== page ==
Just out @ American Museum novitates
New material of Eocene Helaletidae (Perissodactyla, Tapiroidea) from the Irdin Manha Formation of the Erlian Basin, Inner Mongolia, China, and comments on related localities of the Huheboerhe area
Bai, Bin; Wang, Yuan-qing.; Mao, Fang-yuan.; Meng, Jin
Perissodactyls first appeared at the beginning of the early Eocene and reached their highest diversity, dominating contemporaneous mammalian faunas in species richness during the middle Eocene. Tapiroidea is an important perissodactyl group that includes earliest-Eocene forms, such as Orientolophus as well as extant taxa (such as Tapirus), that preserves numerous plesiomorphic characters. Because tapiroids were widely distributed in North America and Asia in the middle Eocene, they have played an important role in biostratigraphically defining middle Eocene North American Land Mammal Ages (NALMA) and Asian Land Mammal Ages (ALMA), respectively, as well as in biostratigraphic correlation between the two continents. Here we report a new cranial specimen of middle Eocene helaletid Paracolodon fissus and a maxilla of Desmatotherium mongoliense from the middle Eocene Irdin Manha Formation of the Erlian Basin, Inner Mongolia, China. Paracolodon fissus was previously assigned to Desmatotherium, Helaletes, or Colodon, whereas D. mongoliense was assigned to Helaletes or Irdinolophus by different authors. Based on the new material described in this report, we are able to clarify the affinities and phylogenetic position of these species according to morphological comparison and phylogenetic analyses. We maintain the genus Paracolodon for P. inceptus and P. fissus from Asia and reassign mongoliense to Desmatotherium. Fossils of perissodactyls and other groups from the Irdin Manha Formation favor correlation of the Irdinmanhan ALMA with the early and middle Uintan NALMA (Ui1-Ui2). Through our field investigation, we also clarified that the localities “7 miles southwest” and “10 miles southwest” of Camp Margetts, originally used by the American Museum of Natural History’s Central Asiatic Expedition (CAE), correspond to the localities currently known as Huheboerhe and Changanboerhe, respectively.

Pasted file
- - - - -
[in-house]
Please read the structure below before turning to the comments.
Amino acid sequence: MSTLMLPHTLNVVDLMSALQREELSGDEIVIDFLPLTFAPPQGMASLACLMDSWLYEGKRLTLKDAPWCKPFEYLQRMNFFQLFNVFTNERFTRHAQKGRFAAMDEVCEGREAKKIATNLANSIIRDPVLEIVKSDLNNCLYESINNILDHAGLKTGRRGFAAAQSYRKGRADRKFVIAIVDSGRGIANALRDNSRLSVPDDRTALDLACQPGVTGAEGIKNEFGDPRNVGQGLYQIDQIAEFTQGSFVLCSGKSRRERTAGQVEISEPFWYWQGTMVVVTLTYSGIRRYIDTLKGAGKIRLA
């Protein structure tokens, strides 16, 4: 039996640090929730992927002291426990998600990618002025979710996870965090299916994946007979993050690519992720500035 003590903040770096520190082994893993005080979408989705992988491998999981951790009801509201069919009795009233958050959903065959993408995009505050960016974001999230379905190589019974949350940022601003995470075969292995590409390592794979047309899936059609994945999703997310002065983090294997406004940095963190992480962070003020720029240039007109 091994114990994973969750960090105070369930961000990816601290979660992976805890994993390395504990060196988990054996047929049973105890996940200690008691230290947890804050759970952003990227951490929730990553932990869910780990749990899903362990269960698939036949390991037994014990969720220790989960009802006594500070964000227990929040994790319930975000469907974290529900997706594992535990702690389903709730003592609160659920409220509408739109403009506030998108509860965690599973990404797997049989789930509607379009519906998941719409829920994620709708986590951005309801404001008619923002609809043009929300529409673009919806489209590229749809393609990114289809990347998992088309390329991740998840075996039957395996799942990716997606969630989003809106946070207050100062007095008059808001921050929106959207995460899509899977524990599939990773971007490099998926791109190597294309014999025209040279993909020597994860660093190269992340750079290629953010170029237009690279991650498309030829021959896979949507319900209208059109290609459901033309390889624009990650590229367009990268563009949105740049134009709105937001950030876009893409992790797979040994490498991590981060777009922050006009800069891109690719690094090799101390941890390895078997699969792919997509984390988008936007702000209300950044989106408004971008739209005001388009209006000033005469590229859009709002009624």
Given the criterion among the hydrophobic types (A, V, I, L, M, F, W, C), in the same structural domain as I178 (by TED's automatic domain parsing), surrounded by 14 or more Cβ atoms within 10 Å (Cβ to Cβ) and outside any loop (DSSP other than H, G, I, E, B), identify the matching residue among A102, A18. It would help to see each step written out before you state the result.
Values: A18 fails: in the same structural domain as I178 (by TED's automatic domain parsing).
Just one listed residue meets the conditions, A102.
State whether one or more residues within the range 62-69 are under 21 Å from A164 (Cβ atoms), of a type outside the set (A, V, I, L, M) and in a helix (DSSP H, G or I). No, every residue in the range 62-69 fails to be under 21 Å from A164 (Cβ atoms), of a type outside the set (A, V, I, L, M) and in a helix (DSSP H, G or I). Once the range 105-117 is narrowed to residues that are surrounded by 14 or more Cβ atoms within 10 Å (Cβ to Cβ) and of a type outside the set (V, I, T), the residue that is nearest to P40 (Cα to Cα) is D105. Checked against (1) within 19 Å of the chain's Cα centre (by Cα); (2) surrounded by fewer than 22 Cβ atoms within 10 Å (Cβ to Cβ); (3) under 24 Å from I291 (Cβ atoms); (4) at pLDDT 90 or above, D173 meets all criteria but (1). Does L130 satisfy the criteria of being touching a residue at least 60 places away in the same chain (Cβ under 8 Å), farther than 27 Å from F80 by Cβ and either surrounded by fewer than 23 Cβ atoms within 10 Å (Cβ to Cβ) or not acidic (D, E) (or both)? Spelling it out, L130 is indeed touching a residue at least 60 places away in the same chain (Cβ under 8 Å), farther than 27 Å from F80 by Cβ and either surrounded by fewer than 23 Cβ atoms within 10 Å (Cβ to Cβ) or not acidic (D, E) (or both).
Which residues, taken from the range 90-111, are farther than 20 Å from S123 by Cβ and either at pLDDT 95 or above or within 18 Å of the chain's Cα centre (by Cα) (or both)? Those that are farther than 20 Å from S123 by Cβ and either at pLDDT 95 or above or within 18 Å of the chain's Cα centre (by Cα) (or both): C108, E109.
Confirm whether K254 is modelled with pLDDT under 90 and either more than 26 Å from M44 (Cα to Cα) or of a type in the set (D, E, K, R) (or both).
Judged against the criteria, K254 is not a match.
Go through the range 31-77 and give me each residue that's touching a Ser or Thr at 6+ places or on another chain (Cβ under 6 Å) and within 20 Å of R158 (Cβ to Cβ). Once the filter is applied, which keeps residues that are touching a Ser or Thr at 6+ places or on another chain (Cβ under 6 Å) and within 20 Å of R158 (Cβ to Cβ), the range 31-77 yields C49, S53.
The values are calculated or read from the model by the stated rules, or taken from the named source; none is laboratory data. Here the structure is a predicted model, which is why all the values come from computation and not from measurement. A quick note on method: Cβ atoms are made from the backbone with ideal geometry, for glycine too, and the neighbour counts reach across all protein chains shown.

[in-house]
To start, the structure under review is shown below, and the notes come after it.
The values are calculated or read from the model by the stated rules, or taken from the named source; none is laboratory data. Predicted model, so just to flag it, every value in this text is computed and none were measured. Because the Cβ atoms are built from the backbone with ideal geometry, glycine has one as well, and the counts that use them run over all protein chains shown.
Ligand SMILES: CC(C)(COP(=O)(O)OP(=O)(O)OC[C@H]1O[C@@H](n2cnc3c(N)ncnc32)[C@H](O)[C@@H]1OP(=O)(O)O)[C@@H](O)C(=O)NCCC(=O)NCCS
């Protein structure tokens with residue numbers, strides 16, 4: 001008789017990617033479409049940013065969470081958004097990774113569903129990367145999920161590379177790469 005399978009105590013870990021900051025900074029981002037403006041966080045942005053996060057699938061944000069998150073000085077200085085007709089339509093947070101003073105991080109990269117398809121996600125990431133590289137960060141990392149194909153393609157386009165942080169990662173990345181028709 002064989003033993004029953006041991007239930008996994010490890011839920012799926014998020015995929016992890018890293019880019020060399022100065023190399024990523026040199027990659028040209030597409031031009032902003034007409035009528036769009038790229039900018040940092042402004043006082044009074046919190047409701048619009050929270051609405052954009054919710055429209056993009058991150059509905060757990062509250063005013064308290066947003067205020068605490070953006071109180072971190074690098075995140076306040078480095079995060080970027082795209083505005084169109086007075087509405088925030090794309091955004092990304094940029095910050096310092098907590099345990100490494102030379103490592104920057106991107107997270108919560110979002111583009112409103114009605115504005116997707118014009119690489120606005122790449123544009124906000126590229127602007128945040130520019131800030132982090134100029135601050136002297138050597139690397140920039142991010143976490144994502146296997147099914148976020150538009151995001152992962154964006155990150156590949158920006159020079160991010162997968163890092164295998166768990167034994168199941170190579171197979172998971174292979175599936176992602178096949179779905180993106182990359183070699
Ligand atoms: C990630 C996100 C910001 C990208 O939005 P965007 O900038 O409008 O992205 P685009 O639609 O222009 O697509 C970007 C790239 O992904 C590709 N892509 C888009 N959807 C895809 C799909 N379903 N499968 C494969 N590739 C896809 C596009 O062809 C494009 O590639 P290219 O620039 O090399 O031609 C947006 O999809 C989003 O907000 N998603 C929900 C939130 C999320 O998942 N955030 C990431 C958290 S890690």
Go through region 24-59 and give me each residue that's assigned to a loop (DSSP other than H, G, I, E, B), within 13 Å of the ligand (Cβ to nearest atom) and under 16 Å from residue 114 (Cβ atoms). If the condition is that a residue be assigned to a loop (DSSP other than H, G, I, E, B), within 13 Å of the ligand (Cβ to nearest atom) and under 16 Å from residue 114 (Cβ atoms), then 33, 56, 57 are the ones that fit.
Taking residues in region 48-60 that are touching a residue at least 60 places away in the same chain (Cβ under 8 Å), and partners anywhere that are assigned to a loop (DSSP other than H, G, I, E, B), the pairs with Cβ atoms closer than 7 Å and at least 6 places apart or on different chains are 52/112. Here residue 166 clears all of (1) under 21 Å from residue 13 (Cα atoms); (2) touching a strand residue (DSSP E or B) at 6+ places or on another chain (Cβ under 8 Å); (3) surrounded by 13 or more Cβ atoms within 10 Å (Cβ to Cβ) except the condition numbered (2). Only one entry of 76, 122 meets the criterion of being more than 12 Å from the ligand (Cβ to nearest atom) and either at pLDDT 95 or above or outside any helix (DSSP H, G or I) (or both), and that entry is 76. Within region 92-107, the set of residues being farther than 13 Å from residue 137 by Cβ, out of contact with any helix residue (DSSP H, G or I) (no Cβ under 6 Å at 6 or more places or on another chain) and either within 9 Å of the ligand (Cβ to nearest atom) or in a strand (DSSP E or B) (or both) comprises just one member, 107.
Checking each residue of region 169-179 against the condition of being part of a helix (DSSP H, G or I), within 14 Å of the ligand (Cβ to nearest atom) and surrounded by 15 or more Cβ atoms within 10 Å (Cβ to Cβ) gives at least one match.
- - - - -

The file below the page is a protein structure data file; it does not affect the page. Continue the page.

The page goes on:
READ IT HERE: http://digitallibrary.amnh.org/handle/2246/6709
Sociologist (PhD), Paleontologist (Researcher in Micropaleontology), Majors in Sociology and Biology, Minor in Geology. Main interests in Paleontology: Microfossils, Molecular fossils, Paleobiology and Paleoecology
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